Published: Sunday, May 13, 2007 Article tools
A post-mortem will be done later this week on the big cat that killed Tanya Dumstrey-Soos, 32, of 100 Mile House.
It was thought the cat began clawing at Dumstrey-Soos’ dress as she stood outside its cage. He then grabbed her legs.
The incident took place at an exotic animal farm owned by Dumstrey-Soos’ fiance, Kim Carlton.
Const. Annie Linteau of the RCMP’s E Division says it’s too early to say if anyone could face charges.
She says a number of children witnessed the attack including at least one of her own.
Two of the children who saw the attack were believed to have been
The incident has led to calls from animal experts and animal rights activists that federal and provincial governments act to control the ownership of exotic animals.
“We’ve got a tiger that’s mauling somebody’s girlfriend to death,” said Paul Springate of the Rainforest Reptile Refuge . ”That’s unacceptable. All it’s being is being a tiger.”
He said Saturday the incident could only have led to the tiger’s death.
”It’s a shame,” he said. “The bottom line is that animals are suffering to death in captivity and going extinct, becoming endangered so that we can have something cool to look at and show off to our friends.”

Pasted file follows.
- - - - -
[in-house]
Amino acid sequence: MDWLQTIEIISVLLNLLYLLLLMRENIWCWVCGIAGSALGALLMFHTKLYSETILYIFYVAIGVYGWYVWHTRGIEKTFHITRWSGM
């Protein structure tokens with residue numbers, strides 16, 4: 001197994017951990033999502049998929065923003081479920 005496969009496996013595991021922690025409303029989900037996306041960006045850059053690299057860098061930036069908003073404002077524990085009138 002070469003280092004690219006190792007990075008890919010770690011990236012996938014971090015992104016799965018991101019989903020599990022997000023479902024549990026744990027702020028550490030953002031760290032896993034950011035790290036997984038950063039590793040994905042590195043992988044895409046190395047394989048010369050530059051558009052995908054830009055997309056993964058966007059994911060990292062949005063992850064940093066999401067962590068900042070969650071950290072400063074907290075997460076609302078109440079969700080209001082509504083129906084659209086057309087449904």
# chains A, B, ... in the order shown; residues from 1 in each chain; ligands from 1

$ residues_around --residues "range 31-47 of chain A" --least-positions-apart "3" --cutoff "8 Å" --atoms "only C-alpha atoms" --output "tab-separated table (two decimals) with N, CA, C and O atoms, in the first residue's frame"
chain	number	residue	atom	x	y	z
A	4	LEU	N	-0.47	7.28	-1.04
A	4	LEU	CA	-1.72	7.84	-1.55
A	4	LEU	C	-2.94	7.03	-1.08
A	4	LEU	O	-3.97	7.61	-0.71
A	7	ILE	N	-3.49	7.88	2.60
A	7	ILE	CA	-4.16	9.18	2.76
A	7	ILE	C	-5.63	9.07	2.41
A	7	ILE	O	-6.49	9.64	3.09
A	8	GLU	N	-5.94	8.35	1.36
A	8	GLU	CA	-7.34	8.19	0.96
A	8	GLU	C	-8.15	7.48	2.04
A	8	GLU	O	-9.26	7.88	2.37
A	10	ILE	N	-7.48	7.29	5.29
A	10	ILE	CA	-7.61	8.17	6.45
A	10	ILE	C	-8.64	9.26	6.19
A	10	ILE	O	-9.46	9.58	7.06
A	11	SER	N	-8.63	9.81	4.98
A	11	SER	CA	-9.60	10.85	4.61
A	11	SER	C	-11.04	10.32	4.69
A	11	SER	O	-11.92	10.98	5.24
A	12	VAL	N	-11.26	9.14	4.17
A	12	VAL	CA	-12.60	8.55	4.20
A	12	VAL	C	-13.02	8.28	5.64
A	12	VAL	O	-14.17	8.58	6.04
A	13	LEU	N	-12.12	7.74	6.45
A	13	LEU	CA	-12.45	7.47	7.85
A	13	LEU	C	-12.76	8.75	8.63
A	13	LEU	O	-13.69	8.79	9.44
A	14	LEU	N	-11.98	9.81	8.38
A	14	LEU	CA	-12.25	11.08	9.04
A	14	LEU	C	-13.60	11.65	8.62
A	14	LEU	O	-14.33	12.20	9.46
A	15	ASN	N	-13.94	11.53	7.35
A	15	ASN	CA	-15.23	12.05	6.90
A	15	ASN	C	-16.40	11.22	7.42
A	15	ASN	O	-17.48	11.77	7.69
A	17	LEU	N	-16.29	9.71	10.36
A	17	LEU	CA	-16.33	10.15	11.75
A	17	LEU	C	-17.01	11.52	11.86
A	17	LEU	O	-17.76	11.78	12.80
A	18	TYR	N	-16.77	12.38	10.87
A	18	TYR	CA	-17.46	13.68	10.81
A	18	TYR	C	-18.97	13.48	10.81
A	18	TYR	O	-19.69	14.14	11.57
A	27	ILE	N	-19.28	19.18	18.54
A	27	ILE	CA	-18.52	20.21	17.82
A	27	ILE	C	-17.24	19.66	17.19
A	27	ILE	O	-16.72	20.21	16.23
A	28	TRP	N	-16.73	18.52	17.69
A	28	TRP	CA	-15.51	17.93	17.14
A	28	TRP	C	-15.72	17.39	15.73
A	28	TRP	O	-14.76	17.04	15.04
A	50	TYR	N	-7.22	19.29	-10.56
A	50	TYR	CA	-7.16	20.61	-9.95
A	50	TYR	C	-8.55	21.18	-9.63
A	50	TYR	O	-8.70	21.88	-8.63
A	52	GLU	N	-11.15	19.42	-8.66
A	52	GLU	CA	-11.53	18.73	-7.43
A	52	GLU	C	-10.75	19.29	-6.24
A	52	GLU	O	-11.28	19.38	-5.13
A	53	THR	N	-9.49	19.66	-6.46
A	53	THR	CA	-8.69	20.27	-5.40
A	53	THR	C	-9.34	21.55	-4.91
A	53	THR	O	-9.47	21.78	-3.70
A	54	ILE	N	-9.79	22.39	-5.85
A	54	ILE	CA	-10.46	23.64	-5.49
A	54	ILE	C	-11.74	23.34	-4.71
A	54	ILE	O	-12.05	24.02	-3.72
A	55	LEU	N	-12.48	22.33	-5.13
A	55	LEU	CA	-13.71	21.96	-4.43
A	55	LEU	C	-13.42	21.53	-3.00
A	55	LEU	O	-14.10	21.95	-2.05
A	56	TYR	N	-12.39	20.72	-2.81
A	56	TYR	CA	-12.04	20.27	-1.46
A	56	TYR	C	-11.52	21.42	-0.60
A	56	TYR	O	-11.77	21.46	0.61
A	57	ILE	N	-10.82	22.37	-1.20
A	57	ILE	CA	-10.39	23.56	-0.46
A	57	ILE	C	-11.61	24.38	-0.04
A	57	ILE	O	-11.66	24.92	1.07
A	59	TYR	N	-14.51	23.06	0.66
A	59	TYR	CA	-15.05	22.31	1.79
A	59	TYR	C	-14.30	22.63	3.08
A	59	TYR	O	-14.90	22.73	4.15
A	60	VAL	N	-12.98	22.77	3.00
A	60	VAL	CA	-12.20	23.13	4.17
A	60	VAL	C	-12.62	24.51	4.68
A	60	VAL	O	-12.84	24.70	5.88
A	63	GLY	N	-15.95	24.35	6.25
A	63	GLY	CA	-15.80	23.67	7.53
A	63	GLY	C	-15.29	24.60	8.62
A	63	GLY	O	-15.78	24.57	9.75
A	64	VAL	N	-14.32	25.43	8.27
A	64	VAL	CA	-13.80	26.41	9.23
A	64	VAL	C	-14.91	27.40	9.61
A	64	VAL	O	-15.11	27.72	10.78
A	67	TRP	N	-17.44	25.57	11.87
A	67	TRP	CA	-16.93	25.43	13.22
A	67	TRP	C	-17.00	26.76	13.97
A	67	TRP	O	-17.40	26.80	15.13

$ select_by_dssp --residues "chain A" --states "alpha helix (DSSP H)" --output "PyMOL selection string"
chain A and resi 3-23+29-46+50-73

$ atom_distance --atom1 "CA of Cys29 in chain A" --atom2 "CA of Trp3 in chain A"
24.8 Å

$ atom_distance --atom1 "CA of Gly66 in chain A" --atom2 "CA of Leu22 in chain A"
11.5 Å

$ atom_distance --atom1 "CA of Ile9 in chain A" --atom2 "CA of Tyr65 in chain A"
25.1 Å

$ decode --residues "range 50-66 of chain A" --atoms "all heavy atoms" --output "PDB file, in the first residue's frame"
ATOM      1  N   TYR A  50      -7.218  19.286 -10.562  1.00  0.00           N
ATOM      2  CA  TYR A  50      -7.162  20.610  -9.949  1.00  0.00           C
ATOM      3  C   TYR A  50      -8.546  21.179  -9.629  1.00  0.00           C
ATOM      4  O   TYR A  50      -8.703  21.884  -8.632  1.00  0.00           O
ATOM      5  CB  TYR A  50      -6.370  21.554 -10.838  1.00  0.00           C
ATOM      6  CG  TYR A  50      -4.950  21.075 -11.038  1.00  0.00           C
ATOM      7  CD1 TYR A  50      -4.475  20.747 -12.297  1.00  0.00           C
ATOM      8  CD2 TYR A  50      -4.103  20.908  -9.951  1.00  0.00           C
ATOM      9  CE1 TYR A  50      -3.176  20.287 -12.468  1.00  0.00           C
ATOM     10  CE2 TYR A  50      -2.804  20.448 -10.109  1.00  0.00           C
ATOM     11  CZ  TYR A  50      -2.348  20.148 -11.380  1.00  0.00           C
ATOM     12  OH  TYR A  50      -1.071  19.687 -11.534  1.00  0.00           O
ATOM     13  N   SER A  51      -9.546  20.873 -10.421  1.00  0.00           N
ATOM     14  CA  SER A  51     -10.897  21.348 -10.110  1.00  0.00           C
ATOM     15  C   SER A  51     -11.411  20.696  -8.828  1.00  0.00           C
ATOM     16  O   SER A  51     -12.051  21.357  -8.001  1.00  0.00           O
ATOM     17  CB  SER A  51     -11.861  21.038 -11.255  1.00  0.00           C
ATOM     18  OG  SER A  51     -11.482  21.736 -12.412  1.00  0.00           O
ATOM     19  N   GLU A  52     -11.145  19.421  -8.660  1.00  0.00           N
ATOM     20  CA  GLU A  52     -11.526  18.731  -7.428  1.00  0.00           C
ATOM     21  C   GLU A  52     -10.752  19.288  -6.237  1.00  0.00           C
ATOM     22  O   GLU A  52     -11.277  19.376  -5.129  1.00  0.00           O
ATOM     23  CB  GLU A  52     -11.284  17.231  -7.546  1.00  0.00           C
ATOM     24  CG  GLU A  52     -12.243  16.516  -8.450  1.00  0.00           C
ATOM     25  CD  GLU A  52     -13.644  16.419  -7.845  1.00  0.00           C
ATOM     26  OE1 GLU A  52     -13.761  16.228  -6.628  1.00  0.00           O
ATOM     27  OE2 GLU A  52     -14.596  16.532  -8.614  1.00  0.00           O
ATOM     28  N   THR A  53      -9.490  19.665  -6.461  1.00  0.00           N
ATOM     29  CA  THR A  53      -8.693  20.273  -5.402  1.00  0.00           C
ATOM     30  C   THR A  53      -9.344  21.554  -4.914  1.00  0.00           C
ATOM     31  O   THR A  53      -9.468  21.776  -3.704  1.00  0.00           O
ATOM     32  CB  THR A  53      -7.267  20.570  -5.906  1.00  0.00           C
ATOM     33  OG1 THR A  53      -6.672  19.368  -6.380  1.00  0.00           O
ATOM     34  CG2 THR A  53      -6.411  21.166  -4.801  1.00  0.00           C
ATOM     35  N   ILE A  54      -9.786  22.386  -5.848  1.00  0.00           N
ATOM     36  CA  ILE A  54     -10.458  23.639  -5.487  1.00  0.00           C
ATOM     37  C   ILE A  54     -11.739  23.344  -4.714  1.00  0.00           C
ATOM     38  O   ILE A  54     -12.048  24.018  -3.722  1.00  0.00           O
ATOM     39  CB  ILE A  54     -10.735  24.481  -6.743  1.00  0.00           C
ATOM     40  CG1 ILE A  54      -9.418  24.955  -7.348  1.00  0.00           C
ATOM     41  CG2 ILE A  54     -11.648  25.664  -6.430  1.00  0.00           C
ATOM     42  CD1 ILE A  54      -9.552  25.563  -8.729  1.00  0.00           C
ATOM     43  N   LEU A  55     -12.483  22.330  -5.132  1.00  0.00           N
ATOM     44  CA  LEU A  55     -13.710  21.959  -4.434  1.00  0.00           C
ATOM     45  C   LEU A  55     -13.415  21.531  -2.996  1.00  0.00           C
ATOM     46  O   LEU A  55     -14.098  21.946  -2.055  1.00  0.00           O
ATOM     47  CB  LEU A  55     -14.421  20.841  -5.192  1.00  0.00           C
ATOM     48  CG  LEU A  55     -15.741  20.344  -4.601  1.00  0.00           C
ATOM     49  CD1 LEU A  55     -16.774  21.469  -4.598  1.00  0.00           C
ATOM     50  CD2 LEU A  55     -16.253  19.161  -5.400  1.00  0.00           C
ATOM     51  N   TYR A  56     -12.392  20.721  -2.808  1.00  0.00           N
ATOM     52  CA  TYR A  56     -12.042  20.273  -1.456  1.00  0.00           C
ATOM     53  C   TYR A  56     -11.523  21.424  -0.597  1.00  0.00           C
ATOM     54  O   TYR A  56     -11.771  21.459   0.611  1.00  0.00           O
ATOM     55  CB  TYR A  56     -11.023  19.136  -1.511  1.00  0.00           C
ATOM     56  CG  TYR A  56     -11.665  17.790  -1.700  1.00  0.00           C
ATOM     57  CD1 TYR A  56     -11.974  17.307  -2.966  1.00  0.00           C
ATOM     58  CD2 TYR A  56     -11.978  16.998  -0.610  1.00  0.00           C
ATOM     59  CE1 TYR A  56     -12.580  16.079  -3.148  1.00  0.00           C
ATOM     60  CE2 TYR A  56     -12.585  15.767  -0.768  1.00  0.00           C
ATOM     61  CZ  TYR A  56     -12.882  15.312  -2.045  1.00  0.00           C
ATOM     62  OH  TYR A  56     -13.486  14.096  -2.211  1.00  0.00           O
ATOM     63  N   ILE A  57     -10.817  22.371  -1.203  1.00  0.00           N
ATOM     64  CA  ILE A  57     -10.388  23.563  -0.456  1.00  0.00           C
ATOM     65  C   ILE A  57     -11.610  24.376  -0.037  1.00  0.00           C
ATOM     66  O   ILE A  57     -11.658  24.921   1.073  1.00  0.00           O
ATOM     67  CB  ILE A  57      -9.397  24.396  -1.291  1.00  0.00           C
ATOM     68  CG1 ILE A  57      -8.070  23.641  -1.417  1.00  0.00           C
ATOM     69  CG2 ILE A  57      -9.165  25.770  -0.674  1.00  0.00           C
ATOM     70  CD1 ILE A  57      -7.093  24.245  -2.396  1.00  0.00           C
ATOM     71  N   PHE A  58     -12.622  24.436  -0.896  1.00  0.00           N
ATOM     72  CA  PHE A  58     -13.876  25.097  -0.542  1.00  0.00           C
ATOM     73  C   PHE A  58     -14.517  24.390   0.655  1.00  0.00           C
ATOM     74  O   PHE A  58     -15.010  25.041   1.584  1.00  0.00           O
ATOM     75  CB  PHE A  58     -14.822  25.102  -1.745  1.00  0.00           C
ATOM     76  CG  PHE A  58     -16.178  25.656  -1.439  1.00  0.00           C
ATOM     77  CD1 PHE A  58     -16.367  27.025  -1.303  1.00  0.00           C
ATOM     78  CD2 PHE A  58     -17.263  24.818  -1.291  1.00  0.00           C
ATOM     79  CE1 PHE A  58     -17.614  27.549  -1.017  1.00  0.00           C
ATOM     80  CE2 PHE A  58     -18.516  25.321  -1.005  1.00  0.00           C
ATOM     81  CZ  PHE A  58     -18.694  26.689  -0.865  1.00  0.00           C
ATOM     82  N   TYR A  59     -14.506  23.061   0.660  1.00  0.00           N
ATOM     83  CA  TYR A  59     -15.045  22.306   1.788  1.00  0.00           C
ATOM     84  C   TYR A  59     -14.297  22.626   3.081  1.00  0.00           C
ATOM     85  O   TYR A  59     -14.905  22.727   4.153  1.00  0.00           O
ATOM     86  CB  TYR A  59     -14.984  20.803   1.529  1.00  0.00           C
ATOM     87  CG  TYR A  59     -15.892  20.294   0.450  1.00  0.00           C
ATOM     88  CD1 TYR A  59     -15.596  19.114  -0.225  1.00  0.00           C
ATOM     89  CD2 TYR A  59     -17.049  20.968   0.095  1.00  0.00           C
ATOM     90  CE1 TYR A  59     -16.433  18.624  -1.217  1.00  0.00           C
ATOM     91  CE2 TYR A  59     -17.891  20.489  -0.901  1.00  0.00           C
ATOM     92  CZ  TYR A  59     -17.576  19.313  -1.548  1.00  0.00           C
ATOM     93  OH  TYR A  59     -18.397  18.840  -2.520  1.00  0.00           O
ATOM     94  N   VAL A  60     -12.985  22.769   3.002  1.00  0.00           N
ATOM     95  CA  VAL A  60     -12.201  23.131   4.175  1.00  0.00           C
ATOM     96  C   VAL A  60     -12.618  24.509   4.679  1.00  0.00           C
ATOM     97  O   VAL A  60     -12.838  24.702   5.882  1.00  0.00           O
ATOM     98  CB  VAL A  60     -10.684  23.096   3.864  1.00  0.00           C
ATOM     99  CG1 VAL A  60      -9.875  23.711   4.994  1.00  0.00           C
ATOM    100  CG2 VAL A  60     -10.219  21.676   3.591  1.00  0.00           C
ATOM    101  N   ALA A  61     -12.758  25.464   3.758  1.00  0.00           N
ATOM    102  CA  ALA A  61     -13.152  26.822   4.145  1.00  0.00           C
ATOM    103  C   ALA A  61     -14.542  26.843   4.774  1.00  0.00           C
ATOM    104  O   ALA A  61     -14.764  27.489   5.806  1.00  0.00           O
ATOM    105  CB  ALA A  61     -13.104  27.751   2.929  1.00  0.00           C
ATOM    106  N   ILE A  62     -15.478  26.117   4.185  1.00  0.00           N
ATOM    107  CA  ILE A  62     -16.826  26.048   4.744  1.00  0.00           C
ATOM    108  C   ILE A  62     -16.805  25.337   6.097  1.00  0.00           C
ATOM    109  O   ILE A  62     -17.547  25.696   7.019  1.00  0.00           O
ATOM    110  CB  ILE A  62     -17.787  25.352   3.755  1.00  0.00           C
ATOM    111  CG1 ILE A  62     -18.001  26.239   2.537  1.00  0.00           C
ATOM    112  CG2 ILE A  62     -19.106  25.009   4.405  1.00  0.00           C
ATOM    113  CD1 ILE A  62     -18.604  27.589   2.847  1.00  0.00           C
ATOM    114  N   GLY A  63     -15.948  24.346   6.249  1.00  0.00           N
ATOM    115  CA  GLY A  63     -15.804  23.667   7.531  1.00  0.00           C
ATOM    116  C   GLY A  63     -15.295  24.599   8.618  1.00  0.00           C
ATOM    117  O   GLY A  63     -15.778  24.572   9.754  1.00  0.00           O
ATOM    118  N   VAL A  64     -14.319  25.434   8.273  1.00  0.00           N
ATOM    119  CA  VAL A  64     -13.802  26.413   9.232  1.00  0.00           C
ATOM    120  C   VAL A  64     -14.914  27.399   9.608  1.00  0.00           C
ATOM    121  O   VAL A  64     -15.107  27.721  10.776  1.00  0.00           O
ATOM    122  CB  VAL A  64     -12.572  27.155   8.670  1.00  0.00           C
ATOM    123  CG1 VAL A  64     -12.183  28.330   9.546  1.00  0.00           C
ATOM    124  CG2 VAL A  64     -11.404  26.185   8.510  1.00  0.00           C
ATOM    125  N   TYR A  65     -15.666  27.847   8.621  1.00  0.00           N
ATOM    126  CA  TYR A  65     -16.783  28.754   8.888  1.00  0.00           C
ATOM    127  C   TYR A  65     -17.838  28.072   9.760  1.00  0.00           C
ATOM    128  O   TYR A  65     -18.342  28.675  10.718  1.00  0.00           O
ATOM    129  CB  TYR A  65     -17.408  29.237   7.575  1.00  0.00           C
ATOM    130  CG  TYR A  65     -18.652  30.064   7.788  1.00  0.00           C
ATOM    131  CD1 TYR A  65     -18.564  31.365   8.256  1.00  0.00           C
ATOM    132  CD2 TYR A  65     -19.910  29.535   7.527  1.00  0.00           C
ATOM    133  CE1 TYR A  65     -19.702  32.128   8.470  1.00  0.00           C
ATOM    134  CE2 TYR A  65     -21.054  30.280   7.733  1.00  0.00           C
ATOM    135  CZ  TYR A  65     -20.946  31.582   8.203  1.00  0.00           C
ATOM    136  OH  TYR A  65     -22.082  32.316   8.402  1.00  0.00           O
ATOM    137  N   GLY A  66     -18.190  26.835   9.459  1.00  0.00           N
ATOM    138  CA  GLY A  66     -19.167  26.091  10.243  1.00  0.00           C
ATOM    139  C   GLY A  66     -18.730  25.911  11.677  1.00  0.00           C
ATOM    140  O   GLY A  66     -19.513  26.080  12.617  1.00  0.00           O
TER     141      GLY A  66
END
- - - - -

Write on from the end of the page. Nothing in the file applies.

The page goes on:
The incident had the provincial government promising to look into the regulations that allow private citizens to keep such animals. The SPCA is calling for legislation to ban the practice.
Agriculture Minister Pat Bell said Friday he will work with other authorities to determine if there is the need for legislative or regulatory change.
He said if changes are needed he will be move quickly to ensure that those changes are made.
Regional coroner Bruce Chamberlayne said Dumstrey-Soos was taken about 40 kilometres to hospital in 100 Mile House after the attack but couldn’t be revived.
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